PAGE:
International reporting of the Khrum tragedy put the US government – which has consistently refused to acknowledge most of the civilian casualties resulting from its war in Afghanistan — on the defensive. Defence Secretary Donald Rumsfeld came up with a very unconvincing explanation when he alleged that the village contained tunnels in which ammunition was stored. This scribe and other reporters who visited Khrum knew that it was not true — the tunnel in question was one of the bomb shelters that were collectively built in almost every village in Afghanistan through the long years of the Afghan war. The bomb shelter turned into a vast communal grave for the Khrum villagers who took refuge in it that night from the US aerial strikes. According to the survivors, many of their kith and kin were buried under tons of debris in the shelter when it received a direct missile hit. The villagers said it was impossible for them to retrieve the bodies, as they lacked bulldozers or other mechanical equipment to remove the debris.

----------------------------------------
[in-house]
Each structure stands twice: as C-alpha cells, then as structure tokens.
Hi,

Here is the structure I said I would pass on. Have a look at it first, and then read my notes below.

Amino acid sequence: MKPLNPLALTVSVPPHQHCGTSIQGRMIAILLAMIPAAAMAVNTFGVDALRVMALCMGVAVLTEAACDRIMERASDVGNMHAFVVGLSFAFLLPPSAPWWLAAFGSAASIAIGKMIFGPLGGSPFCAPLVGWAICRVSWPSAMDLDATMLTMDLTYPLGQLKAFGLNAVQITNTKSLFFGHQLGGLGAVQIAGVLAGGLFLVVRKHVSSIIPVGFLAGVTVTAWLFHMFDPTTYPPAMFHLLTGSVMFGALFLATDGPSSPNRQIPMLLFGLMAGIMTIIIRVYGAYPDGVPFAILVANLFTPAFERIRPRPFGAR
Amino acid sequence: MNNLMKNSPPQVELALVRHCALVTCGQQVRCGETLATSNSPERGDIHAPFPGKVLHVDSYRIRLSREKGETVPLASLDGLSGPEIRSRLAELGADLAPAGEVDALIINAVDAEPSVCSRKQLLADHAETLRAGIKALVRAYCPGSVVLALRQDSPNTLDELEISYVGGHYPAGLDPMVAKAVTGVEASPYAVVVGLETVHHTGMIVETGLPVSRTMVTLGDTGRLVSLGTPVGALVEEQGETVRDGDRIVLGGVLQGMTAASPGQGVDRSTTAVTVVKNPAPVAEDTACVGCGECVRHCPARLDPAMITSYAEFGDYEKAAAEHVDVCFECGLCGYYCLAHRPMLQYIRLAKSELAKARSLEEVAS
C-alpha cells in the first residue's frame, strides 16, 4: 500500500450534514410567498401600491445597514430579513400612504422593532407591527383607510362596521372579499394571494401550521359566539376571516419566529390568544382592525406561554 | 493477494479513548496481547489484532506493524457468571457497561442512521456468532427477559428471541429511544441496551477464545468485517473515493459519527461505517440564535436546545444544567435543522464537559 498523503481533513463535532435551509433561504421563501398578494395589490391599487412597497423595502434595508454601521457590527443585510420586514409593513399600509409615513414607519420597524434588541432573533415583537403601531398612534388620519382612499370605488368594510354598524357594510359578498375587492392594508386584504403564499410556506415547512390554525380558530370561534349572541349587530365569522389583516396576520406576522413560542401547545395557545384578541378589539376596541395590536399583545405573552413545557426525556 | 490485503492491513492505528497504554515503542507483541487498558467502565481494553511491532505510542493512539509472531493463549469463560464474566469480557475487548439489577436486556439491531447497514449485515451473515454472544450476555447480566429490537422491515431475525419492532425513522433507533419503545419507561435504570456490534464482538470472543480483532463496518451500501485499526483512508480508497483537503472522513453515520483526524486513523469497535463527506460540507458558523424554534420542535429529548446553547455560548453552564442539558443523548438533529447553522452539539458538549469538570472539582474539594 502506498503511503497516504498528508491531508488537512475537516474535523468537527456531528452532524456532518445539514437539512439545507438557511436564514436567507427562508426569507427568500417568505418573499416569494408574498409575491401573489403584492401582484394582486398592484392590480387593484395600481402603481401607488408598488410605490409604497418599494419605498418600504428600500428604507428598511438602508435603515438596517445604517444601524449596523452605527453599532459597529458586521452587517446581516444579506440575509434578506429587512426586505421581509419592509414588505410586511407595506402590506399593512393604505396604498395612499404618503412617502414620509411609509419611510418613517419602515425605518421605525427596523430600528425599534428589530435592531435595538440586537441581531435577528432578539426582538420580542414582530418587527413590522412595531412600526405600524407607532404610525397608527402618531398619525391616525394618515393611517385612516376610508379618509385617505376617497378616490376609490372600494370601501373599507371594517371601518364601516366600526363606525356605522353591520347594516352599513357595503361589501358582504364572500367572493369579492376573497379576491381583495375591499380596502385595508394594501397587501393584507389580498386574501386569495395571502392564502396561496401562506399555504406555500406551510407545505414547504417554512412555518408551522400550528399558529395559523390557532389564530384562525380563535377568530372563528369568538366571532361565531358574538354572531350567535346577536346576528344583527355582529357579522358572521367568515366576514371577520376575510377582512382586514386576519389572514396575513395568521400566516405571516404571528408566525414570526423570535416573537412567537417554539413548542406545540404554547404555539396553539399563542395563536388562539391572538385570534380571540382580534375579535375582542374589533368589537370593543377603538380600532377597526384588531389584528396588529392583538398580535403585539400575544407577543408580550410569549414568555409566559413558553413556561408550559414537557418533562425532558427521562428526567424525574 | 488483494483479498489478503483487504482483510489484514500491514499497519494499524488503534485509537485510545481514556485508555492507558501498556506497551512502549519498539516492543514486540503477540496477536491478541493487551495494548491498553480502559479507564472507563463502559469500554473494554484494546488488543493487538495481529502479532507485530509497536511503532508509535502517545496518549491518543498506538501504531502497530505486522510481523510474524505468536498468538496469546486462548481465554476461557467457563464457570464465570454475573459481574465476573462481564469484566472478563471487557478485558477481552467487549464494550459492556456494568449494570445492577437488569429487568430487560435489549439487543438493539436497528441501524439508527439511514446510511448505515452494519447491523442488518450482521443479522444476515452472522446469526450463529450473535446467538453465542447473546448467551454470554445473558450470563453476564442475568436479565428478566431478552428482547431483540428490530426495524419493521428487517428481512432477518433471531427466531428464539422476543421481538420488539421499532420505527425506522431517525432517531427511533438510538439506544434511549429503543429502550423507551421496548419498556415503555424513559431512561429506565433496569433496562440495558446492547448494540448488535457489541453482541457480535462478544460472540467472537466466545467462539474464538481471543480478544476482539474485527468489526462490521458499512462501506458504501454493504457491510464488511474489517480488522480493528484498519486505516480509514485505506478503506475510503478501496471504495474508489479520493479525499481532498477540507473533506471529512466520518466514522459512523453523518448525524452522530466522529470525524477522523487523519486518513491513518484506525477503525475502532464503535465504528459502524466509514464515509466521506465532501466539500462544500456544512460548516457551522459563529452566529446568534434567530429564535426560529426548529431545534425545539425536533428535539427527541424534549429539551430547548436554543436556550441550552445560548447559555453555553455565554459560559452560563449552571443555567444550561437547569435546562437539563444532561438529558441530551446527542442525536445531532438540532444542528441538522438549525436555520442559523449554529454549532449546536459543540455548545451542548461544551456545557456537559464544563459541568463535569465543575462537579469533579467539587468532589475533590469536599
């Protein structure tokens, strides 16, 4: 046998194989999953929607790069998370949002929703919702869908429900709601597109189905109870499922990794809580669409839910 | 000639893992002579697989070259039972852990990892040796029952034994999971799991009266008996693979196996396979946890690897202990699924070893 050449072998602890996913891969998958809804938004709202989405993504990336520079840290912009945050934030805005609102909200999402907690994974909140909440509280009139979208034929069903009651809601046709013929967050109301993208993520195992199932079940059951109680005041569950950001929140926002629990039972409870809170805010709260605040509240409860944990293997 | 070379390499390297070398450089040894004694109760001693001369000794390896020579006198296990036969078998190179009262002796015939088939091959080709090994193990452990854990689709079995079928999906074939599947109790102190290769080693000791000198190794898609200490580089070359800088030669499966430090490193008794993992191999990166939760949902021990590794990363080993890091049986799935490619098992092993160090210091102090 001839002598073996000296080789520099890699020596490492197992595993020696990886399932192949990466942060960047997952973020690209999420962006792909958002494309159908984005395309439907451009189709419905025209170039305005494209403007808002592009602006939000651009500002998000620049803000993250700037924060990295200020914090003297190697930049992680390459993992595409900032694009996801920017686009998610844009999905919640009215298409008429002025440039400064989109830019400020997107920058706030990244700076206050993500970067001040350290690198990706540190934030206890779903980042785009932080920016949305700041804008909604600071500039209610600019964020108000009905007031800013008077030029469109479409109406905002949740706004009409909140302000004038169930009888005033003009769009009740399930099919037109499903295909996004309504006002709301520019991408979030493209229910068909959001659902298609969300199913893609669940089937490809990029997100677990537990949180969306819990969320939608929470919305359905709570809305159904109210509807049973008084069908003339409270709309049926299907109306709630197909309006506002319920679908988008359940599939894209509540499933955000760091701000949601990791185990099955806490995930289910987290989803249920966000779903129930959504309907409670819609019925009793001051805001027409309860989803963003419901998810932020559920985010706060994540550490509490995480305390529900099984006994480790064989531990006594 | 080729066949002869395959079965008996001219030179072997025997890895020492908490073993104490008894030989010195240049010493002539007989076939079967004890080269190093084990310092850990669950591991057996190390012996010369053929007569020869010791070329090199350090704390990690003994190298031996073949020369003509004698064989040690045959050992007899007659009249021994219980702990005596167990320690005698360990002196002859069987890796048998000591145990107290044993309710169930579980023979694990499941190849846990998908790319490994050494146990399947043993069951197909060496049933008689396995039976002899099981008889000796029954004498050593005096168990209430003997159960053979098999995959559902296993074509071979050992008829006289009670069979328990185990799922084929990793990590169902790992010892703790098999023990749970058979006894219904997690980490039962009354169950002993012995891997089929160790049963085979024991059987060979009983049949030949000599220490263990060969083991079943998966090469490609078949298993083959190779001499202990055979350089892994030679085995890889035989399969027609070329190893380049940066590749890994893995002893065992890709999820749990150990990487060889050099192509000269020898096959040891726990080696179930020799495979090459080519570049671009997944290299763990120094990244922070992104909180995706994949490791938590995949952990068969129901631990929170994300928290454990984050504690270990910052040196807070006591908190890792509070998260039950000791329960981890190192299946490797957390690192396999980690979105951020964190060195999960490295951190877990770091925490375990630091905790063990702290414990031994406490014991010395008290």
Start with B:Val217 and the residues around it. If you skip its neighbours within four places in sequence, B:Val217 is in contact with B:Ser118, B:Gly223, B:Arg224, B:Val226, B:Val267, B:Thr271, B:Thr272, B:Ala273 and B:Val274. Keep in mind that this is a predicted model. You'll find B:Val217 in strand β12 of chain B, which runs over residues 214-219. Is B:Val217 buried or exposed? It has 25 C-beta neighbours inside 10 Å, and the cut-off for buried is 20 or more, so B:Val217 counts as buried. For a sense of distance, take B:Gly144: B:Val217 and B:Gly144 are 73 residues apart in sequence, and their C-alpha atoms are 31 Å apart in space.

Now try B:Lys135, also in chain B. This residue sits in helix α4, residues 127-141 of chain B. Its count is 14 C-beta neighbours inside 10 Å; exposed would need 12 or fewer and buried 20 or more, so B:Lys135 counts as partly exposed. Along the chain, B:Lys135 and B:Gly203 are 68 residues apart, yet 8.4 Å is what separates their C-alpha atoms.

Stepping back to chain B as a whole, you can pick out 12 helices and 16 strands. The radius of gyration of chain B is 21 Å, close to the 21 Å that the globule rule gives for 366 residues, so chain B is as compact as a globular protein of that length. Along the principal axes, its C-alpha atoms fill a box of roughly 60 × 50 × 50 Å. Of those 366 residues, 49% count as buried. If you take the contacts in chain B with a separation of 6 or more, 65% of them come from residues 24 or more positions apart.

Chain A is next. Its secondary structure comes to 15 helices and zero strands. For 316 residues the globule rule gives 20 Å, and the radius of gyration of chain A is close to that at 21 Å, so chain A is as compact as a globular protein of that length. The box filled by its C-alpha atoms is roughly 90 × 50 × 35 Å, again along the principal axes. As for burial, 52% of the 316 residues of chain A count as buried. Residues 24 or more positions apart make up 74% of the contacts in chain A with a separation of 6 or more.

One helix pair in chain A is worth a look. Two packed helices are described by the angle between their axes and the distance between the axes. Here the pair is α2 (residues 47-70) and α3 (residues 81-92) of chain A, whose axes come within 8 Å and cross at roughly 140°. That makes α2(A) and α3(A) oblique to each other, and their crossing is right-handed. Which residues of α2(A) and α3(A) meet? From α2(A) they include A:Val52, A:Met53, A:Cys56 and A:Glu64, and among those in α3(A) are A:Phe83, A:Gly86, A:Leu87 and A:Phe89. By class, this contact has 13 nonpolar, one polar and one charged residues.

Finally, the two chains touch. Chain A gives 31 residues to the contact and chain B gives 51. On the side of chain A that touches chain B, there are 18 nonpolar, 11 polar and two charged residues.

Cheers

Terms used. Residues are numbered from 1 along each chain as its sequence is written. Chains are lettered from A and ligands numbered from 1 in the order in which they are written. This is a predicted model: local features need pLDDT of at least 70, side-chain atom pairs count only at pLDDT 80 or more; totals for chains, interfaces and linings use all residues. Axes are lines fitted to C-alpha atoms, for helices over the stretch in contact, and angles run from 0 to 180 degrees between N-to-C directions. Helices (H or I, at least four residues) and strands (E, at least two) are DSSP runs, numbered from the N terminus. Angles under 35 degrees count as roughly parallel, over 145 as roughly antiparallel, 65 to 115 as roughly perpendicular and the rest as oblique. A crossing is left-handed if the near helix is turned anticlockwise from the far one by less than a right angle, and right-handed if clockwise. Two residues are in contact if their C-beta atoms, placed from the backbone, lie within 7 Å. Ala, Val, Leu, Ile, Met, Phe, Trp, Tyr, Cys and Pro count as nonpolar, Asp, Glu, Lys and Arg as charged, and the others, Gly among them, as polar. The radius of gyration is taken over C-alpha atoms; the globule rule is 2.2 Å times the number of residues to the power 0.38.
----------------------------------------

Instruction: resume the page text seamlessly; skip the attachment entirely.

The US authorities did everything to stop any kind of media coverage that exposed bombing mistakes by American warplanes. When Pakistani policemen stopped our convoy of media vehicles on the outskirts of Peshawar on the way to Jalalabad, they said a US diplomat had waited there for hours to advise international reporters, especially Americans, not to undertake such a dangerous trip. The group was held up for about an hour and was allowed to proceed only after senior police officers reached the spot and personally inspected the convoy and its members. Encouraged by the positive media coverage, the Taliban arranged the second trip to Kandahar and were planning another one to Kabul before events overtook them and the city fell. It was a belated realisation on the part of the Taliban that an open media policy would have better served their cause. With over 1,000 journalists having applied for Afghan visas to the Taliban embassy in Islamabad at one stage, Ambassador Abdul Salam Zaeef had a tough time trying to keep the journalists in good humour, while pleading unsuccessfully with his bosses in Kandahar to let reporters enter the country.